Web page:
Farndon, CheshireEdit This Page

From FamilySearch Wiki

EnglandGotoarrow.pngCheshireGotoarrow.pngCheshire ParishesGotoarrow.pngFarndon

Guide to Farndon, Cheshire family history and genealogy: parish registers, transcripts, census records, birth records, marriage records, and death records.

St. Chads Fandon.JPG
Farndon (Welsh:Rhedynfre) is an ancient parish in Cheshire, England. It sits on the River Dee, which forms the border between England and Wales. The parish includes the villages of Barton, Churton by Farndon, Clutton, Crewe (near Farndon) and Farndon itself.

Contents

Parish History

FARNDON (St. Chad), is a parish, in the union of Great Boughton, Higher division of the hundred of Broxton, S. division of the county of Chester; it contains the townships of Barton, Churton, Clutton, and Crewe, in the township of Farndon, it ia 8 miles (S.) from Chester. This parish is situated on the road to Wrexham, and bounded on the west by the river Dee, which separates it from the county of Denbigh.[1]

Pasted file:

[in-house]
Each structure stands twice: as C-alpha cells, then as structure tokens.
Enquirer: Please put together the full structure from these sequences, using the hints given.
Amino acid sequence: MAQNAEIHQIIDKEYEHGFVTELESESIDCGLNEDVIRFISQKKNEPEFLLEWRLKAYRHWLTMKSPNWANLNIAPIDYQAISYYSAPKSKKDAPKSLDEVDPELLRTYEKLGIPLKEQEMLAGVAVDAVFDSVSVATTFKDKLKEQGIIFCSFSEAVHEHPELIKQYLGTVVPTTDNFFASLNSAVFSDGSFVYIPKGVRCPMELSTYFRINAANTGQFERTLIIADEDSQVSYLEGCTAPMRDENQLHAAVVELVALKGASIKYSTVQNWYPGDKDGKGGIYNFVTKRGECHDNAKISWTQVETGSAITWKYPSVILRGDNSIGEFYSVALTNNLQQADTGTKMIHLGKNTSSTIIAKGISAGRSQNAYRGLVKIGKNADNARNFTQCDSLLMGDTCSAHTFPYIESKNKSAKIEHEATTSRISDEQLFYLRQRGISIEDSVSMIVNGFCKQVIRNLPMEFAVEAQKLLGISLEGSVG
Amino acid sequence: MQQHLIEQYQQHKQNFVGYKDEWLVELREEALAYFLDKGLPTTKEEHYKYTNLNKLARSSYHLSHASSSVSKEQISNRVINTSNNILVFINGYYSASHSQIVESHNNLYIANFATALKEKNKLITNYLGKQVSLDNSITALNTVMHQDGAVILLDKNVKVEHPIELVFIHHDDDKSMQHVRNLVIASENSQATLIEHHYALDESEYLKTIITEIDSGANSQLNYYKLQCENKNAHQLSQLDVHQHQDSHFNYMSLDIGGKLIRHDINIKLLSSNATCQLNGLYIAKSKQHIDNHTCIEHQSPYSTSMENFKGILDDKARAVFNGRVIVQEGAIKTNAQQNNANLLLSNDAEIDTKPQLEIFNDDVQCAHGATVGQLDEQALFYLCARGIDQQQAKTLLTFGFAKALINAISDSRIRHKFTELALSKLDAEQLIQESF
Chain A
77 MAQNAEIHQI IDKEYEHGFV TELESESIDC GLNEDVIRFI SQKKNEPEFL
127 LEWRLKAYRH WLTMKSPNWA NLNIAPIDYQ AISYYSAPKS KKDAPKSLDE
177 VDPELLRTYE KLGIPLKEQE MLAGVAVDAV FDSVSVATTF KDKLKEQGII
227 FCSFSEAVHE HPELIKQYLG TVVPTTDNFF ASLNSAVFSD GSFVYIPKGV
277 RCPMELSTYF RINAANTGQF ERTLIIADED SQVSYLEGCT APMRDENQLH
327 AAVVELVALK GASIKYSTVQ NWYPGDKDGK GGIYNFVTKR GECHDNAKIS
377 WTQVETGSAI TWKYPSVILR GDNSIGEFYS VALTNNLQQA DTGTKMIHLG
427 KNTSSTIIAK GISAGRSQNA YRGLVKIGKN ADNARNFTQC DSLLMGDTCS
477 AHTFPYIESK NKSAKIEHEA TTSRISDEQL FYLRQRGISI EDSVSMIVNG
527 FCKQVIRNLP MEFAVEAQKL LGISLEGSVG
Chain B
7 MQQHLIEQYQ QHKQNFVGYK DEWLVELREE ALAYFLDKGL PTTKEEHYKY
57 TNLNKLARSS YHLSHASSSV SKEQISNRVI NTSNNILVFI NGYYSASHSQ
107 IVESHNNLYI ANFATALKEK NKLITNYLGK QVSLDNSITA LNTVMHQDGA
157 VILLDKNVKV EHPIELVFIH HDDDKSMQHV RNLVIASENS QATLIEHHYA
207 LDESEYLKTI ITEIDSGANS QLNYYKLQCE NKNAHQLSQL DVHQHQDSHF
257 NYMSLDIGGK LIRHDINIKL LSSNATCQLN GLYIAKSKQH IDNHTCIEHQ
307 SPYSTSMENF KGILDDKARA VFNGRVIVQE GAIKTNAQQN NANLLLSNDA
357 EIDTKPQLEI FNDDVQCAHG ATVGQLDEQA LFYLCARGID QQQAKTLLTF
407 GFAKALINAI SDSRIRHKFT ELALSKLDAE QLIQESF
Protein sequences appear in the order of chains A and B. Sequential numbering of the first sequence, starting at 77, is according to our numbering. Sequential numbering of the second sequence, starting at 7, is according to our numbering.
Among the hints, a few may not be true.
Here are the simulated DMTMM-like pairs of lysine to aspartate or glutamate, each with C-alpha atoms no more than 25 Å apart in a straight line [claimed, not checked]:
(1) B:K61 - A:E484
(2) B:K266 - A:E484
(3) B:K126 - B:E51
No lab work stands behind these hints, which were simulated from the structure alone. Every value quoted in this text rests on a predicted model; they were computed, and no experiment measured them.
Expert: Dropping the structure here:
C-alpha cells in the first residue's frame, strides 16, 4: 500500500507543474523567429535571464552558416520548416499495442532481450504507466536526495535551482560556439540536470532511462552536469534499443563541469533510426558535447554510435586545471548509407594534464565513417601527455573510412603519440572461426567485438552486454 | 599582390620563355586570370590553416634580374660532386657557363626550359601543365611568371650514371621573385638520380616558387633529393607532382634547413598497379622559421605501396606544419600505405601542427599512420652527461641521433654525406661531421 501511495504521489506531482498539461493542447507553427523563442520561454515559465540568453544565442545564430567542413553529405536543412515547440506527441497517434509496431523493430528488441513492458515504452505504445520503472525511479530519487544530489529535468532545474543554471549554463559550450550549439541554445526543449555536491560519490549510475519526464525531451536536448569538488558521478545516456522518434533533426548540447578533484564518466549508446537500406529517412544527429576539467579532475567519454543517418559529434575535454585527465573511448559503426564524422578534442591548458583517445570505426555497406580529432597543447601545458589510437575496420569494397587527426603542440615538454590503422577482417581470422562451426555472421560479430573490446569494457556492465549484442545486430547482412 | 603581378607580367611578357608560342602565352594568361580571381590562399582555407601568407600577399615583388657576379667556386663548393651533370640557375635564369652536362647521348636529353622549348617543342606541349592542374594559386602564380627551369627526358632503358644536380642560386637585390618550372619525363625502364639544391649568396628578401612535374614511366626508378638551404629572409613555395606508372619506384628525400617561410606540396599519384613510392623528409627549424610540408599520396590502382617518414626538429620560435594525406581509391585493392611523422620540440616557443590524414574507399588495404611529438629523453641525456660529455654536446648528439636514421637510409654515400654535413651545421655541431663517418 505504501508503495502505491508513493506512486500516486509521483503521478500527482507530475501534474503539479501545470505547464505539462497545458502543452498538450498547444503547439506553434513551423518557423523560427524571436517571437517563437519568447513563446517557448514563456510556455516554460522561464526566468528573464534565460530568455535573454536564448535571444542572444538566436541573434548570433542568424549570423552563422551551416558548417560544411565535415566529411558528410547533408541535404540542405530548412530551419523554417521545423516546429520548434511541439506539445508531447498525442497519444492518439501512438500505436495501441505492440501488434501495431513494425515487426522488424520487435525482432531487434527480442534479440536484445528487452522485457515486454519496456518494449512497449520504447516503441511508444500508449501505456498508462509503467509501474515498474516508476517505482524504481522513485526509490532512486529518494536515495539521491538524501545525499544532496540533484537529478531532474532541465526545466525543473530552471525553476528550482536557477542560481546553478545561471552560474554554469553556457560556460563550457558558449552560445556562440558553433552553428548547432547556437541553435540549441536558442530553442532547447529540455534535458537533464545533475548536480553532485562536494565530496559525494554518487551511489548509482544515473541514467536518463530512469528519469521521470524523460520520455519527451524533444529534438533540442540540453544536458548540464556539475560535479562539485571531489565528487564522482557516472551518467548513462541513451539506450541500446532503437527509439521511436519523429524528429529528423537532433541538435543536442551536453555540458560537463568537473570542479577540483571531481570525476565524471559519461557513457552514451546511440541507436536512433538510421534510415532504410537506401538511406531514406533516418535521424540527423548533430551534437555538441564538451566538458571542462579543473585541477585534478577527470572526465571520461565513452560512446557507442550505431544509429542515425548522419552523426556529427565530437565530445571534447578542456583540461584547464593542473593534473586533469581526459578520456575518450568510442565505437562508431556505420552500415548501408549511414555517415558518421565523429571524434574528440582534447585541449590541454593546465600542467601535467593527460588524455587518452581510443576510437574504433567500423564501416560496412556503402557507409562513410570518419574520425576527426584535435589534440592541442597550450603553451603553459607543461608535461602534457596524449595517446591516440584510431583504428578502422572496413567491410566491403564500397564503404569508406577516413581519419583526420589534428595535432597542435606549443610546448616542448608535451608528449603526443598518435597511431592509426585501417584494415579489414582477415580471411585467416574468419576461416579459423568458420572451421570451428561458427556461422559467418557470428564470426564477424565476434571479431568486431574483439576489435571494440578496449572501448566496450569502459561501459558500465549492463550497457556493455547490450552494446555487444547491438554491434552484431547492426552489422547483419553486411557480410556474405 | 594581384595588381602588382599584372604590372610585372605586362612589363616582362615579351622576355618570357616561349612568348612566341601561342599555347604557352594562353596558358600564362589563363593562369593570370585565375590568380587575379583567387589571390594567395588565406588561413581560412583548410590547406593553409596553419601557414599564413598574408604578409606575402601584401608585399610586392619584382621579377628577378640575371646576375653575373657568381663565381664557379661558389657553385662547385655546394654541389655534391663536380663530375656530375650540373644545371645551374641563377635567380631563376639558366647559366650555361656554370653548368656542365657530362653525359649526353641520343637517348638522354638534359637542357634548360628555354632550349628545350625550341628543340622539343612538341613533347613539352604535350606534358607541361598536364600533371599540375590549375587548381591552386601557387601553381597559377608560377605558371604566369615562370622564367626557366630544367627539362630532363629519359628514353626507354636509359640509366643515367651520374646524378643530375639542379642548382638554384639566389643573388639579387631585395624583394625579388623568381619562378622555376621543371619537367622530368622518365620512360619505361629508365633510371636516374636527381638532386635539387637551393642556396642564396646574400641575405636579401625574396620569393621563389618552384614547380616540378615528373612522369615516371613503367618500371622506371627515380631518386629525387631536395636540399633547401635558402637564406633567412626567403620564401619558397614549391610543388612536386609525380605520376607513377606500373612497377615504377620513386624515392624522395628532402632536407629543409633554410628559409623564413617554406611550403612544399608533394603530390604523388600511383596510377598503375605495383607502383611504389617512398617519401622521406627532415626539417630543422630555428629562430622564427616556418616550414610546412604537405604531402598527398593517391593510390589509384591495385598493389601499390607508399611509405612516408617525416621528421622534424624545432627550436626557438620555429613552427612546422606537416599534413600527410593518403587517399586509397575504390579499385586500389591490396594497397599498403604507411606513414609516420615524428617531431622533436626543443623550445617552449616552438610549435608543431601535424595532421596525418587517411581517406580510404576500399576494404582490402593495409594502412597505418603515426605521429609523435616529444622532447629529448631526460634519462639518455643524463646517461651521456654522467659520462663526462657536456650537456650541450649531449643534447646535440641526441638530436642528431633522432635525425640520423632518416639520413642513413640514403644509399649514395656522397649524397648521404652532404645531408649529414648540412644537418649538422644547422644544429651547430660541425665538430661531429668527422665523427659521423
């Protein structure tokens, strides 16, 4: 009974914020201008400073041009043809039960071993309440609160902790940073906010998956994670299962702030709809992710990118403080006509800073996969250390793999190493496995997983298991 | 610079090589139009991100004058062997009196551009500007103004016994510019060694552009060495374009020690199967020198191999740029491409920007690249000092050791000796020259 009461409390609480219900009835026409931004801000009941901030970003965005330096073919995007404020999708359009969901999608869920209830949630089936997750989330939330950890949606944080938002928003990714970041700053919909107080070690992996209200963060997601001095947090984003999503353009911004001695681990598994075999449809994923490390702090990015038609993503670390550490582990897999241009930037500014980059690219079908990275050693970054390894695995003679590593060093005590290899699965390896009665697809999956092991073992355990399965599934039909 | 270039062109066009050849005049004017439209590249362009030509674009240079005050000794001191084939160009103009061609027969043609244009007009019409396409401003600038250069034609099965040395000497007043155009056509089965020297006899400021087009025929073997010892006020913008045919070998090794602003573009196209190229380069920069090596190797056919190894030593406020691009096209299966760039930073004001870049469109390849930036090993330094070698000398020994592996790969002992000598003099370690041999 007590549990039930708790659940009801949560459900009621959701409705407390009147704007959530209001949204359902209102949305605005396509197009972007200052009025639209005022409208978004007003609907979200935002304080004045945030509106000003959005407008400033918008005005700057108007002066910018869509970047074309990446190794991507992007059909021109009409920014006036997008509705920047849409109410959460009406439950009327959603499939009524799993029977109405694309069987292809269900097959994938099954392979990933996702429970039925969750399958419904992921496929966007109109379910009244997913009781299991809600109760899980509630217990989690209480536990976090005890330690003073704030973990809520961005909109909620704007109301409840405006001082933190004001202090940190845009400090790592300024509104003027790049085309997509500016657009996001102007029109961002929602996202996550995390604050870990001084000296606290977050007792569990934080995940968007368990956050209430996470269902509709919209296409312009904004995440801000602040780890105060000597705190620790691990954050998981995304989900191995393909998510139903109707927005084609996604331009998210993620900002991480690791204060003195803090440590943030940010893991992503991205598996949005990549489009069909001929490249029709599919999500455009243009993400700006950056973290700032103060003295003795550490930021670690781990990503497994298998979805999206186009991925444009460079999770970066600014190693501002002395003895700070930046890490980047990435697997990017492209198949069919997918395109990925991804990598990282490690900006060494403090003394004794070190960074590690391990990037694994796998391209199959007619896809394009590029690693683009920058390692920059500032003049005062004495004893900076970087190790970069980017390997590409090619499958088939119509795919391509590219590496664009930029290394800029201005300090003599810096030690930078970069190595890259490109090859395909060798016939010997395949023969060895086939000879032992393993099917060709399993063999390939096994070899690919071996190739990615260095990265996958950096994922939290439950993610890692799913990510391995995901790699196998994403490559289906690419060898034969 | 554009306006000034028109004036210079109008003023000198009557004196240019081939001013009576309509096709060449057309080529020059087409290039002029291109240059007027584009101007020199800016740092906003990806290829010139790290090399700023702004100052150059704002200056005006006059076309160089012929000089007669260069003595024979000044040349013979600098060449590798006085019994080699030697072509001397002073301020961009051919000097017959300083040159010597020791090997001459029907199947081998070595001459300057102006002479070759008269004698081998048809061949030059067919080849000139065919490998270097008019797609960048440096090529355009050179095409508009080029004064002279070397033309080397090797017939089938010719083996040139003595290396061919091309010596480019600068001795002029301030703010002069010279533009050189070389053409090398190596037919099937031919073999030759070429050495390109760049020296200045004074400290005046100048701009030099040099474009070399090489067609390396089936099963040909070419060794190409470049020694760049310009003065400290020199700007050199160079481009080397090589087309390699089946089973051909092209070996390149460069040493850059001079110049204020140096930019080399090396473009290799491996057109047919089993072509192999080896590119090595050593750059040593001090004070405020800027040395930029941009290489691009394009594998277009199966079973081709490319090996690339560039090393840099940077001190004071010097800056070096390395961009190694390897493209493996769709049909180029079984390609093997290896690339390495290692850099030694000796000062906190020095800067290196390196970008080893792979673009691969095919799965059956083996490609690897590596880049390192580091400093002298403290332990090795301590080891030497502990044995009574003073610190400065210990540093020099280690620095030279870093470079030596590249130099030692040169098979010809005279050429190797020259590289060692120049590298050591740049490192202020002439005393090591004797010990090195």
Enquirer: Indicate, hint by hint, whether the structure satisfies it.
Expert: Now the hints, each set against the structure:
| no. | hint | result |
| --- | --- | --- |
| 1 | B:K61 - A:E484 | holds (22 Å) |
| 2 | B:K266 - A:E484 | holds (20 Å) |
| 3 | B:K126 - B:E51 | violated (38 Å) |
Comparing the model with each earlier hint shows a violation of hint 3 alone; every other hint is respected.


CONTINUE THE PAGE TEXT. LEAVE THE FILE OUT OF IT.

A church was present on the site at the time of the survey for the Domesday Book and it is likely that Saxon churches had previously been there. The base of the tower and the plan of the church date from the 14th century although around 1622 the historian Webb described it as "a fair new church". During the civil war the church was badly damaged. In 1643 it was being used as a barracks for the Parliamentarians under Sir William Brereton when it was attacked by Royalists.